Medical think tank to open in Detroit
Clinicians, designers, scientists blend skills
Melissa Burden/ The Detroit News
Henry Ford Health System on Monday will open its Innovation Institute, a think tank that aims to use research, coupled with creative design, to develop medical products and processes and move them to the marketplace.
“The idea is to merge clinicians, creative design people, and the scientists and engineers at Wayne State,” said Dr. Scott A. Dulchavsky, chairman of the health system’s surgery department who spearheaded getting the institute off the ground.
Housed in an open and modern renovated space at a 1920s Albert Kahn-designed building on Henry Ford’s Detroit campus, the institute includes Henry Ford Medical Group, the College for Creative Studies and Wayne State University’s Smart Sensors and Integrated Microsystems Program as partners.
While other innovation institutes exist across the country, Dulchavsky said Henry Ford’s is unique because of its ties with the College for Creative Studies. “They don’t come in with preconceived ideas,” he said.
Fifteen design students from the college spent time scouring Henry Ford operating and emergency rooms, generating ideas such as a chair for surgeons and a cabinet that provides light and aromatherapy, plus plays music — all to help with healing.
Next week, groups working on more than a dozen ideas will meet in the new space.
The hope is products can be spun off into companies or be licensed, helping boost the health system’s revenue, Dulchavsky said.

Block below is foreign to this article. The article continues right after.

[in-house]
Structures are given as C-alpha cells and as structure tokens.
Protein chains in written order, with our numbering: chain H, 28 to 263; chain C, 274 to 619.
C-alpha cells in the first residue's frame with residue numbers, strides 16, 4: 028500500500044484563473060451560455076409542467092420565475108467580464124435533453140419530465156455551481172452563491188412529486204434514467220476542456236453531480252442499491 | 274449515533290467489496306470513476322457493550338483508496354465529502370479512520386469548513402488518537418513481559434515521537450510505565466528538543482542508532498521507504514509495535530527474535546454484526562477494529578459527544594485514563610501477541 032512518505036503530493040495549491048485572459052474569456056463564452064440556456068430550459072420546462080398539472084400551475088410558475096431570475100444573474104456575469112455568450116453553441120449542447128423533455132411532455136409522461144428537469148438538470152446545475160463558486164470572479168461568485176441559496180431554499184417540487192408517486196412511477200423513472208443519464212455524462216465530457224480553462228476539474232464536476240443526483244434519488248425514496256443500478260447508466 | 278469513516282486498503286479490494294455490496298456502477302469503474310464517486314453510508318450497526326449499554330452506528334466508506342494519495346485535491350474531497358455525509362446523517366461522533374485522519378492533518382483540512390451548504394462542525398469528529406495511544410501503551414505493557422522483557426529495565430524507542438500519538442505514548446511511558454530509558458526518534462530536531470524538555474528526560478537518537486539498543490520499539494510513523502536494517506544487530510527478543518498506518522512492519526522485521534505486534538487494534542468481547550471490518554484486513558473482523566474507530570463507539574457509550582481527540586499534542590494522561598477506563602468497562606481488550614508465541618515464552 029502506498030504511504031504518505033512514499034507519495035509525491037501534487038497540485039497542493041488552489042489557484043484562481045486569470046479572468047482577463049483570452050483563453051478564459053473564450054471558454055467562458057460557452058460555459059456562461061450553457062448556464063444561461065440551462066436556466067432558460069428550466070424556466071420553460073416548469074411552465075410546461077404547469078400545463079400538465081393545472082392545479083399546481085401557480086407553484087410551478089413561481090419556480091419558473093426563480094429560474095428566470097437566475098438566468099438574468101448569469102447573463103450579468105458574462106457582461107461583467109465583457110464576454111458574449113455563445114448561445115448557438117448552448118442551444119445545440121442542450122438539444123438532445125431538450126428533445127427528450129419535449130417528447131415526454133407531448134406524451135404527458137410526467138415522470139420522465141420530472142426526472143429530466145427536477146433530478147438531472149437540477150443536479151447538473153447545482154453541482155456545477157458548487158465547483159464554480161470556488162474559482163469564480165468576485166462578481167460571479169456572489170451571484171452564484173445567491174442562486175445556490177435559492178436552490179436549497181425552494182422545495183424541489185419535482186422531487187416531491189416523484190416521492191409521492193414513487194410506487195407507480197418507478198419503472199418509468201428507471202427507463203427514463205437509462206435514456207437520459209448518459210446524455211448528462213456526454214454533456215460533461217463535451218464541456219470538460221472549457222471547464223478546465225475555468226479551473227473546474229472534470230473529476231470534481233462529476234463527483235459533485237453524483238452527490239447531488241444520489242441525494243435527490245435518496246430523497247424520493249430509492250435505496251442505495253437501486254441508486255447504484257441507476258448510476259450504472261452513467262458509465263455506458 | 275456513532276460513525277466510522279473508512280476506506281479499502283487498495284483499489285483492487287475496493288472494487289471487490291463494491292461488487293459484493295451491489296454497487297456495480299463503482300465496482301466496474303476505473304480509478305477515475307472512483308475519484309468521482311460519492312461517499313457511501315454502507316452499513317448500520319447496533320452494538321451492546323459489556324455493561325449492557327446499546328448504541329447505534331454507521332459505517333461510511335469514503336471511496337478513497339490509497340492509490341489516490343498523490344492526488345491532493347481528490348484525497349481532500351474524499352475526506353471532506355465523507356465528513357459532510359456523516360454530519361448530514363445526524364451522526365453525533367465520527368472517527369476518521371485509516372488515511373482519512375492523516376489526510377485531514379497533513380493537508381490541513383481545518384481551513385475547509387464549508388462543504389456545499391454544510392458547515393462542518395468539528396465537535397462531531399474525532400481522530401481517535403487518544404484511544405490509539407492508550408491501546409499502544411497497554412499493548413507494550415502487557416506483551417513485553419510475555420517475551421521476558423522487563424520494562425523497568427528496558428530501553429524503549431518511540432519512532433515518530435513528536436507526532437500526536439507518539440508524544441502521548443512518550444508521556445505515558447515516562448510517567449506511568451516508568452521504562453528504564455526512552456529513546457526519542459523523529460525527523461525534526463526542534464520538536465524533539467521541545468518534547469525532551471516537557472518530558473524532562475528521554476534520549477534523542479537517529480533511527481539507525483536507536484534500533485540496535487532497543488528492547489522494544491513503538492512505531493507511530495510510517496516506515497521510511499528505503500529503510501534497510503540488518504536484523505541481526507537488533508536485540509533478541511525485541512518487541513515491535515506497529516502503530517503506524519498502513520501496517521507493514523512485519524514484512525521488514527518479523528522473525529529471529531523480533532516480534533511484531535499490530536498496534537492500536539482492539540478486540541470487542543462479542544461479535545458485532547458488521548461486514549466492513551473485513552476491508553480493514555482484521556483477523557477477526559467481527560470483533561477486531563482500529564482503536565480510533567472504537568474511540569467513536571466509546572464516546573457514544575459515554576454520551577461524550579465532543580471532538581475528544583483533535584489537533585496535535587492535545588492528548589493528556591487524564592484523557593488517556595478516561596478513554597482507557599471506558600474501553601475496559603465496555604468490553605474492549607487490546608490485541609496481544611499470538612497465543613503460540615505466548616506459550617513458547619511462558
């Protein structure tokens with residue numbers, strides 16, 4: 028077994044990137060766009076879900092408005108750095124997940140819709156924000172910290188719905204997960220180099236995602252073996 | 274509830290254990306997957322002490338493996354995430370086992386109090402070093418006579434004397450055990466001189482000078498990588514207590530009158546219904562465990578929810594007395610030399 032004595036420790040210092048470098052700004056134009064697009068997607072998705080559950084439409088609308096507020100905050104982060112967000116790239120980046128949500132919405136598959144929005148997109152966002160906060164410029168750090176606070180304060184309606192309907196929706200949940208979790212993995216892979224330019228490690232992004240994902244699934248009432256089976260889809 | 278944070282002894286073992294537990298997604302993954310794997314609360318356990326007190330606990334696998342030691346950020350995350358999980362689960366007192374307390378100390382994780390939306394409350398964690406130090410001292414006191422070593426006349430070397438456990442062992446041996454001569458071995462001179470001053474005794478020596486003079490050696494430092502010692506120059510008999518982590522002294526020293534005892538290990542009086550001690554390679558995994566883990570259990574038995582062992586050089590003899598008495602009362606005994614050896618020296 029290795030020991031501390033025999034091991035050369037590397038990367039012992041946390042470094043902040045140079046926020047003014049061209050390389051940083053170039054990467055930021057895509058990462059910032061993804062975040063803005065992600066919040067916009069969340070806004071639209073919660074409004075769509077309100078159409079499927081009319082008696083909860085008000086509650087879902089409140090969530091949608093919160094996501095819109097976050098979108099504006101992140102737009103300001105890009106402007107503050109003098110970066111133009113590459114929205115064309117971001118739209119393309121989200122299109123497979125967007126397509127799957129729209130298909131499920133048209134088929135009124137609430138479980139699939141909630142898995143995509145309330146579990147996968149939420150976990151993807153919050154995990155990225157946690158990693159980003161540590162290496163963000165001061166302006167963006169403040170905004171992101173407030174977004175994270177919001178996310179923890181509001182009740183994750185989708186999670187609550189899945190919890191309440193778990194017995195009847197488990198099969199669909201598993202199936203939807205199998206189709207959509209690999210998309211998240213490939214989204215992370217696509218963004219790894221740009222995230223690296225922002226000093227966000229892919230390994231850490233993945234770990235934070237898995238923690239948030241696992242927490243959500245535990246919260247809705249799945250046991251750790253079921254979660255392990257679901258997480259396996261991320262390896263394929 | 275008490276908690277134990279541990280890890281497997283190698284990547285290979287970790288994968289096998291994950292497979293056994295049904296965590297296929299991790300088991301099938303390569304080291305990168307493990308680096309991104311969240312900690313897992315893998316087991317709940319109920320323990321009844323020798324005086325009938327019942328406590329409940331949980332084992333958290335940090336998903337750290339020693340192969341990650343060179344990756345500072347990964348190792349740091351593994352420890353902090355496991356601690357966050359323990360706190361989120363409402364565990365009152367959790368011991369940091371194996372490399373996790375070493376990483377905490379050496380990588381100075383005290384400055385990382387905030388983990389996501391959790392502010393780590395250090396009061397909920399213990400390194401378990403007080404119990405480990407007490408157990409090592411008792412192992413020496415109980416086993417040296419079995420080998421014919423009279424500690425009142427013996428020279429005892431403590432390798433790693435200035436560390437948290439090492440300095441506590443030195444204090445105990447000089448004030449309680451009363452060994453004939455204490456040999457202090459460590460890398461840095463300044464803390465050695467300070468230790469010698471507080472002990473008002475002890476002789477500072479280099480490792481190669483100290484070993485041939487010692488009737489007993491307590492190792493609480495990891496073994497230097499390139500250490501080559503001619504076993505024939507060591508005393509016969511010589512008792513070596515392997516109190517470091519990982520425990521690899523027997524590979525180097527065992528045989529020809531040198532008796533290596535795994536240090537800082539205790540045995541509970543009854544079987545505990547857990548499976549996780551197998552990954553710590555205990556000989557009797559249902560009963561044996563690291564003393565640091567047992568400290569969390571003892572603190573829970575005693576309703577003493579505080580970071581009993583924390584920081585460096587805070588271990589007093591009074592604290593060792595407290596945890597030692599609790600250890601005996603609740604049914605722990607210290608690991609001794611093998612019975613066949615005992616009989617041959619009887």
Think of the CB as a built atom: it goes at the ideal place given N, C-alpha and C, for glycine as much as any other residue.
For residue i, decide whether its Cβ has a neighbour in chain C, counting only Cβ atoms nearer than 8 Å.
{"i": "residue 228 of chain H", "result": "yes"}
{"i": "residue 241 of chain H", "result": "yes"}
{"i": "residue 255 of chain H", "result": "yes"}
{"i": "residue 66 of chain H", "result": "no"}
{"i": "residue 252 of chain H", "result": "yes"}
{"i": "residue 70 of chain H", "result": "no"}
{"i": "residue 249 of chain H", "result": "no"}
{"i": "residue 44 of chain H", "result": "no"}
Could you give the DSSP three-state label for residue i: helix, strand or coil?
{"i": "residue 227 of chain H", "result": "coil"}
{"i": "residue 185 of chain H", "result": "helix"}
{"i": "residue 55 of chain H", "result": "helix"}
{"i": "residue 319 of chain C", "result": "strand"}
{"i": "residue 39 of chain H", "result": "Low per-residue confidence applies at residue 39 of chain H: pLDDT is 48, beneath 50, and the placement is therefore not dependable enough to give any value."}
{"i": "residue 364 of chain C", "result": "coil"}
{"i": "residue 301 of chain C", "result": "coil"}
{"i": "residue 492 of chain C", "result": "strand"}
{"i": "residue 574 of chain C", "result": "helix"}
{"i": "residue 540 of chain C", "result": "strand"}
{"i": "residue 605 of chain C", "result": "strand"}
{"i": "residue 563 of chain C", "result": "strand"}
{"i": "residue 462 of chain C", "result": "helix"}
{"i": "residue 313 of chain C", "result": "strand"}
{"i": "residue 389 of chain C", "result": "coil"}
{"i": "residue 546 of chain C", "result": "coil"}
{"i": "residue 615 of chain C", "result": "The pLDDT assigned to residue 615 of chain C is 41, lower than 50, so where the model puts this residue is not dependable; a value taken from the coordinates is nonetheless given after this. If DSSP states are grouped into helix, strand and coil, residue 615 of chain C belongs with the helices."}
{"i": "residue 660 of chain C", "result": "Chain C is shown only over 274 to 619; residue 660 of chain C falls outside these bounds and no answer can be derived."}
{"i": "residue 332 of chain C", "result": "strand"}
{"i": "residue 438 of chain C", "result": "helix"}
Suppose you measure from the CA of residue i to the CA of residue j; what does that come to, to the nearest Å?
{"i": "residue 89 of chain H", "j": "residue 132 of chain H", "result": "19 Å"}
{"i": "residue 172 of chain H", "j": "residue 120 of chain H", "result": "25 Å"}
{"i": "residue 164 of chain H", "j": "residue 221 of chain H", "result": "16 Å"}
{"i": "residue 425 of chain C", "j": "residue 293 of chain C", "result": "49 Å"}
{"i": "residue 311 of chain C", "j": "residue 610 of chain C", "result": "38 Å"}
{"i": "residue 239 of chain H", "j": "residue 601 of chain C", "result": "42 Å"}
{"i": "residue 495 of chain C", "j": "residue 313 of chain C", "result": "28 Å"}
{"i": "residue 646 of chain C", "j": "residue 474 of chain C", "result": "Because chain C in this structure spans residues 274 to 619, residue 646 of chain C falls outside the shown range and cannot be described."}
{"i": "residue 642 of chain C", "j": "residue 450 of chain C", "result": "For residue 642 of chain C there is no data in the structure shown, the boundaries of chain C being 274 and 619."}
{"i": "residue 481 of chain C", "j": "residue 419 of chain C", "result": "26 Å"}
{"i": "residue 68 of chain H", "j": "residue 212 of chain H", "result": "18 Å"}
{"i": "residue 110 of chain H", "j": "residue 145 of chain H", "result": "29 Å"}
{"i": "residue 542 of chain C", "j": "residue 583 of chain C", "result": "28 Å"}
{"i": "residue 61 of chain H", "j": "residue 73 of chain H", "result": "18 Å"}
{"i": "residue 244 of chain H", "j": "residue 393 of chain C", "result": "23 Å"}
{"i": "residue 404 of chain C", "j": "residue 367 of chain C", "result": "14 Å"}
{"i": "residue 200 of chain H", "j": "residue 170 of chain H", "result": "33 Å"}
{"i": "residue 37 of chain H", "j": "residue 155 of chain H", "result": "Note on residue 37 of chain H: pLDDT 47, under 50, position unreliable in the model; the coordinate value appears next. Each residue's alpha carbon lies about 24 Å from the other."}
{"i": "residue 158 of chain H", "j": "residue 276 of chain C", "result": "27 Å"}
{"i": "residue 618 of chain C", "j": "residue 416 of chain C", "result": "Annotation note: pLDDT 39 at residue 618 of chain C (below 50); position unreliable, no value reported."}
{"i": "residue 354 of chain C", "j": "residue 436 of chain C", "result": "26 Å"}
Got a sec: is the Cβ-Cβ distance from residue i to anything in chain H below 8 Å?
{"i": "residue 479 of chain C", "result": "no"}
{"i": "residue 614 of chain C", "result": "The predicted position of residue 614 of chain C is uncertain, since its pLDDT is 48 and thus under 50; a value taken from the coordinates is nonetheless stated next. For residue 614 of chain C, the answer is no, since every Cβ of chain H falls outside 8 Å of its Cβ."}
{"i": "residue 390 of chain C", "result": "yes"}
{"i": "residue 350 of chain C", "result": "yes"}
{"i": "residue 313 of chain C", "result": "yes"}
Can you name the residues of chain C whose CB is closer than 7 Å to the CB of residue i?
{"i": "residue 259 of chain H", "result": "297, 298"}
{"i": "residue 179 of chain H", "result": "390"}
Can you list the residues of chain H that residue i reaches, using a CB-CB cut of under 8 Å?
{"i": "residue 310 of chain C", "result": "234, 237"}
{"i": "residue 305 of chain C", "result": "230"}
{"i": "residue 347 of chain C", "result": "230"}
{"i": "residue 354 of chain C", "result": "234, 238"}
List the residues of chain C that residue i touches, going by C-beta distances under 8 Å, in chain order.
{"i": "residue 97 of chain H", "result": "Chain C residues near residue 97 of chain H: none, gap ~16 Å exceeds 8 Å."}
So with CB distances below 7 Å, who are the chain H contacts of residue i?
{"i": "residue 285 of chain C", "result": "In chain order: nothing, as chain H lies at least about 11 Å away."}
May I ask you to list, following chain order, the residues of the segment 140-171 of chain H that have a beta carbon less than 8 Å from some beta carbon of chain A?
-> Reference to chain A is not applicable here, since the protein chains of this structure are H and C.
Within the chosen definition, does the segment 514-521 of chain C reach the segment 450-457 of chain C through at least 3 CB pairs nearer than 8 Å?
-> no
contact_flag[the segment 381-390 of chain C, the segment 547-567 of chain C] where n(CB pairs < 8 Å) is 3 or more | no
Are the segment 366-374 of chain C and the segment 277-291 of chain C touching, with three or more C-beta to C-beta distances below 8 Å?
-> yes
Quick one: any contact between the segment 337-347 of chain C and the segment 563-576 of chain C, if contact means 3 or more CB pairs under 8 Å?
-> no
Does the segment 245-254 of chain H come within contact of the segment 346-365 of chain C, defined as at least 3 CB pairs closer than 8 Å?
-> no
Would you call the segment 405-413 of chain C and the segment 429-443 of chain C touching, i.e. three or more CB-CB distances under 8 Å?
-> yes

One project is a type of surgical probe that could provide early detection of cancer cells in real time in the operating room.
“In the brain, in particular, when we’re dealing with these invasive cancers, every cell matters, every millimeter matters, every day matters as things progress,” said Dr. Steven N. Kalkanis, co-director of Henry Ford’s brain tumor center, who is working with Wayne State.
Wayne State and Henry Ford have a strong relationship training medical students and plan to build a joint biomedical research facility in Midtown.
Life sciences research at Michigan’s largest three research universities — Michigan State University, University of Michigan and Wayne State — surpassed $1 billion in 2010, said Jeff Mason, executive director of Michigan’s University Research Corridor.
“That collaboration just reinforces the fact that the state is an important area for life sciences,” Mason said of the institute.
The $12 million institute got off the ground with a major donation from William Clay and Martha Ford. Renovation will continue over two years.